Sunday, December 11, 2016

Elminage Gothic: 3D Remix - Review

This was originally a $50 game, but at one point, it seems Starfish sold the selling rights? to Mebius. The DL version ($50) was taken down for a different version that includes Mebius in the opening credits, selling at $25.
I think this is correct.

Then, there was a Sale a few weeks back, which sold this game (DL version) at an incredible $15. That's right. I bought a $50 game for only $15. Talk about a deal.
Currently on the final post-game dungeon.

It seems there is an English version of the game out on the PC, but this version is based off the... not-so-well-received original PSP version. That means aging every time you die and revive, time passes just by entering a dungeon, and a lot of copies of the same enemy on the same row in battles. So you might have a different experience than me if you try that out.


Oh, and there are spoilers, though the story is probably the last thing you'll care about in the game. And most of the spoilers are at the bottom, after a notice.




To put it simply, it's a Wizardry-type (Wiz-like) game. I guess you can imagine Etrian Odyssey and you got the basic image.
That said, there are way more status and whatevers to worry about. This isn't a post that goes over every little thing in the game, so I won't go into details, but some stuff you'll have to think about are...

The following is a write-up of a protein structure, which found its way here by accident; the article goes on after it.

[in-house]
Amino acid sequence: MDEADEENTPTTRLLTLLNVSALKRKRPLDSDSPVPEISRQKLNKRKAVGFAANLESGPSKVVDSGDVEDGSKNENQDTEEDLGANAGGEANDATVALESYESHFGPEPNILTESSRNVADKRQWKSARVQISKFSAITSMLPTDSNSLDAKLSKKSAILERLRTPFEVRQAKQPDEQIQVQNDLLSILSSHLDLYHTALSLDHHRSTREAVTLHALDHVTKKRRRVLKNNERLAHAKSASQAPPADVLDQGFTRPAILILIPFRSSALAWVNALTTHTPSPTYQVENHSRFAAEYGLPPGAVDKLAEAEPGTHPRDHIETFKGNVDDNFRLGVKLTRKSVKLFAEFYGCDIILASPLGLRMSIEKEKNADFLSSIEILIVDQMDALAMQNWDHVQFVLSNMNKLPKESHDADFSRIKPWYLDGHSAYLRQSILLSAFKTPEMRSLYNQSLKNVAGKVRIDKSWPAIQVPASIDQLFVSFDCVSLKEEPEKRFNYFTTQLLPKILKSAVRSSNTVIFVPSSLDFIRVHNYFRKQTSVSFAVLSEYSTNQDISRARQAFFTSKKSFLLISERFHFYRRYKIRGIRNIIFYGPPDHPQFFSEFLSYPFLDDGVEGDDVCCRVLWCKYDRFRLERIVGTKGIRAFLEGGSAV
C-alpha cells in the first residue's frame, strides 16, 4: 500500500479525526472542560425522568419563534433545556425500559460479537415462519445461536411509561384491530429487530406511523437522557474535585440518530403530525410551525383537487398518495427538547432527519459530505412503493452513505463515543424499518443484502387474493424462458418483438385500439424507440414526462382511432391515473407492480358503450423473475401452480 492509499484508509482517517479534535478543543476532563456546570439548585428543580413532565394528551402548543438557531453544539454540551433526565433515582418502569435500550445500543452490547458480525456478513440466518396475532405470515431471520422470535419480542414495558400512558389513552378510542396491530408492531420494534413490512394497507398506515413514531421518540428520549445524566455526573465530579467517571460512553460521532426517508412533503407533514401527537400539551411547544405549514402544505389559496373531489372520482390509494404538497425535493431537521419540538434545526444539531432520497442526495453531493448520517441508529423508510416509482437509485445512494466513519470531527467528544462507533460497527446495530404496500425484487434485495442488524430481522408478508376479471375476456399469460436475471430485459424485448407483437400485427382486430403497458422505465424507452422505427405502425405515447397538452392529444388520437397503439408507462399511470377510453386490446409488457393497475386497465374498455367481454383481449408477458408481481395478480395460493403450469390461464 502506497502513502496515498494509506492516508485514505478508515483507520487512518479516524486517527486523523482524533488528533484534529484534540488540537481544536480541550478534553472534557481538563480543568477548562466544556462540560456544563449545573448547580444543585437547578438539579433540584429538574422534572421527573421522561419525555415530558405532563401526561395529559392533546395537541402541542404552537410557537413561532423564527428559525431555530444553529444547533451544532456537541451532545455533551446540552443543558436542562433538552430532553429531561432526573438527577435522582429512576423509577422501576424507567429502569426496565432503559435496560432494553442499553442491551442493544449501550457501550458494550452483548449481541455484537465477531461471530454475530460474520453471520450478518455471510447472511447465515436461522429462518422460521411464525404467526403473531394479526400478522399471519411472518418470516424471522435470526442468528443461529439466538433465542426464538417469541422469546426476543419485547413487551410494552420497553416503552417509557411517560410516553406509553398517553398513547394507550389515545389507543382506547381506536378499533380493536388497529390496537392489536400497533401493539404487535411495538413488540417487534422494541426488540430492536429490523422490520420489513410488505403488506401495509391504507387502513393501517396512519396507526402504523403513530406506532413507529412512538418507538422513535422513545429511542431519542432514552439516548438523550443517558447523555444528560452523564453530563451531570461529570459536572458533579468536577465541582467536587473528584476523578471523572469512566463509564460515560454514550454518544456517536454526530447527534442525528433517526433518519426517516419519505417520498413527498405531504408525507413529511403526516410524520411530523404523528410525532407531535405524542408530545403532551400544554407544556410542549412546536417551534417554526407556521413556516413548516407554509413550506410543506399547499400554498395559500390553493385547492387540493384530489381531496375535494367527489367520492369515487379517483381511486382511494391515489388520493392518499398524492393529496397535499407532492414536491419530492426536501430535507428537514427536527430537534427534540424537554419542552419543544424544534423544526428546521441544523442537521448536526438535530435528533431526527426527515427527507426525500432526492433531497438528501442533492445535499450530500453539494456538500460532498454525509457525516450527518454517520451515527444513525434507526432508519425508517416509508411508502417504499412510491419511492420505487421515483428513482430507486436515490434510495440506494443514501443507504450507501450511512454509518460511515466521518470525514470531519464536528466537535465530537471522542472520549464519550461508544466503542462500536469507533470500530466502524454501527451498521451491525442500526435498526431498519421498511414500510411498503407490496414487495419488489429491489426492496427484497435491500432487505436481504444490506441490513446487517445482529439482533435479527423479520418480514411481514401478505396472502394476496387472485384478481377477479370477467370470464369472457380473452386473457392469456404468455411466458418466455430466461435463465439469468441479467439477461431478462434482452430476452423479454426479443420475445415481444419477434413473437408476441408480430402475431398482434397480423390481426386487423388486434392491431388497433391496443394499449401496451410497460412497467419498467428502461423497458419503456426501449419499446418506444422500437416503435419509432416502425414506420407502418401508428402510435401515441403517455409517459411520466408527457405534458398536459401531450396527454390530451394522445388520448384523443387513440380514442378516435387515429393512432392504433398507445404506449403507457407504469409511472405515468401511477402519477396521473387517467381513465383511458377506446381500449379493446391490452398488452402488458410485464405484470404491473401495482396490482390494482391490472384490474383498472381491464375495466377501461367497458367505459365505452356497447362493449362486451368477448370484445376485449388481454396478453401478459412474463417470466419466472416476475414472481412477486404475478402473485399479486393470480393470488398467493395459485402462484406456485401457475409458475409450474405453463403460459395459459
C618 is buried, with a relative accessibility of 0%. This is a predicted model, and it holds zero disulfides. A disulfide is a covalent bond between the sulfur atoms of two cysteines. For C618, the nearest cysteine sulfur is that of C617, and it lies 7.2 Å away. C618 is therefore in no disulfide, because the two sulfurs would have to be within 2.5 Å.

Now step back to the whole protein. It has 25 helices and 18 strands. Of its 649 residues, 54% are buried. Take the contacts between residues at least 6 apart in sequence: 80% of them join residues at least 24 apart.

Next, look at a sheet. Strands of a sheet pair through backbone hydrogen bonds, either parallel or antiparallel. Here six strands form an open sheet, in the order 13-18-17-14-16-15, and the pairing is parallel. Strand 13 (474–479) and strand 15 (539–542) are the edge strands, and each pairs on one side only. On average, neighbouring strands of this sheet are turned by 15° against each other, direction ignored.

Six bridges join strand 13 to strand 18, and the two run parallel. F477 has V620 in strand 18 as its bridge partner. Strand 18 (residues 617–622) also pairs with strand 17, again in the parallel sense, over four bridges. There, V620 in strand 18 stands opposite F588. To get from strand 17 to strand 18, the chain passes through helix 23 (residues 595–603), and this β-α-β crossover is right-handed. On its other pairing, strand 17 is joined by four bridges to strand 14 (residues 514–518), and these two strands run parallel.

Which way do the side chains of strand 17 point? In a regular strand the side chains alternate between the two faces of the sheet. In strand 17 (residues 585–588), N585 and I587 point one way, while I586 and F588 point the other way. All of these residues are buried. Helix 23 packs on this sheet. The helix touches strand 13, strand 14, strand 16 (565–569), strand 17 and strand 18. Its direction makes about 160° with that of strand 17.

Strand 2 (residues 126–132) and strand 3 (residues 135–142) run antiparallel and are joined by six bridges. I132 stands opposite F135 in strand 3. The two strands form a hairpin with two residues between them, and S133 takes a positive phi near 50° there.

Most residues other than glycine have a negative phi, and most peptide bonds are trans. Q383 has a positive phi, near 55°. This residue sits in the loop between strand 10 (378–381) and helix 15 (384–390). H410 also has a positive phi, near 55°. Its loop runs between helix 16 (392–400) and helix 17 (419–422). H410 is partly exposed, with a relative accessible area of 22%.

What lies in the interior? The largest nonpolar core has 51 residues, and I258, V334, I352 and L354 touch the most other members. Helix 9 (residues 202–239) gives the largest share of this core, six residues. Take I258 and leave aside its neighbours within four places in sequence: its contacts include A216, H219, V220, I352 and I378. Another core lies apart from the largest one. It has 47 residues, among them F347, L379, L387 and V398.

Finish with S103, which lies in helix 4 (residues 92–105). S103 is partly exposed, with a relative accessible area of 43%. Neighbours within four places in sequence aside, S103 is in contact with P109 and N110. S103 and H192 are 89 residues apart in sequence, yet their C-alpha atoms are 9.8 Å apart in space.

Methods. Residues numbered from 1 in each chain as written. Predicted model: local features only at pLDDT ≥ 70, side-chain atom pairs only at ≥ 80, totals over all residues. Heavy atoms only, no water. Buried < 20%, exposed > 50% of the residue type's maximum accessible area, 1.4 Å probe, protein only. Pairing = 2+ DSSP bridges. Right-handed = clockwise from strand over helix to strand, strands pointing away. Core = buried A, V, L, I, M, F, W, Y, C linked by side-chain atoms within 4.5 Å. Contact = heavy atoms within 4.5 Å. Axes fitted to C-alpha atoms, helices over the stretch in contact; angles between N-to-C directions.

• You have two hands, which can each hold weapons or shields in each one or one weapon that requires both hands to use. You can equip armor for Head, Torso, Hand, Leg as well as two Accessory slots.
  • There is resistance to every status ailment as well as the five elements, as well as resistance to the three types of spells
  • You can age
  • Your max status is your original status + 10. However, leveling up increases your HP and damage output (most classes, anyways). You increase your defense by LOWERING your Armor Class (AC), which actually is your evasion. If an enemy would normally attack you, his attack can hit, for example, 10 times. The lower your AC is, the less time the attack hits and thus you receive less damage. It is a miss if every hit misses. This is why this is your "defense" even though AC only affects your evasion
  • You have plenty of races and classes to choose from, as well as gender (Male, Female, Unknown) and alignment. Good and Evil party members can not be placed in the same team. Certain equipment only work for certain genders or alignments
So anyways, it is a lot to take in at first, but it actually isn't that bad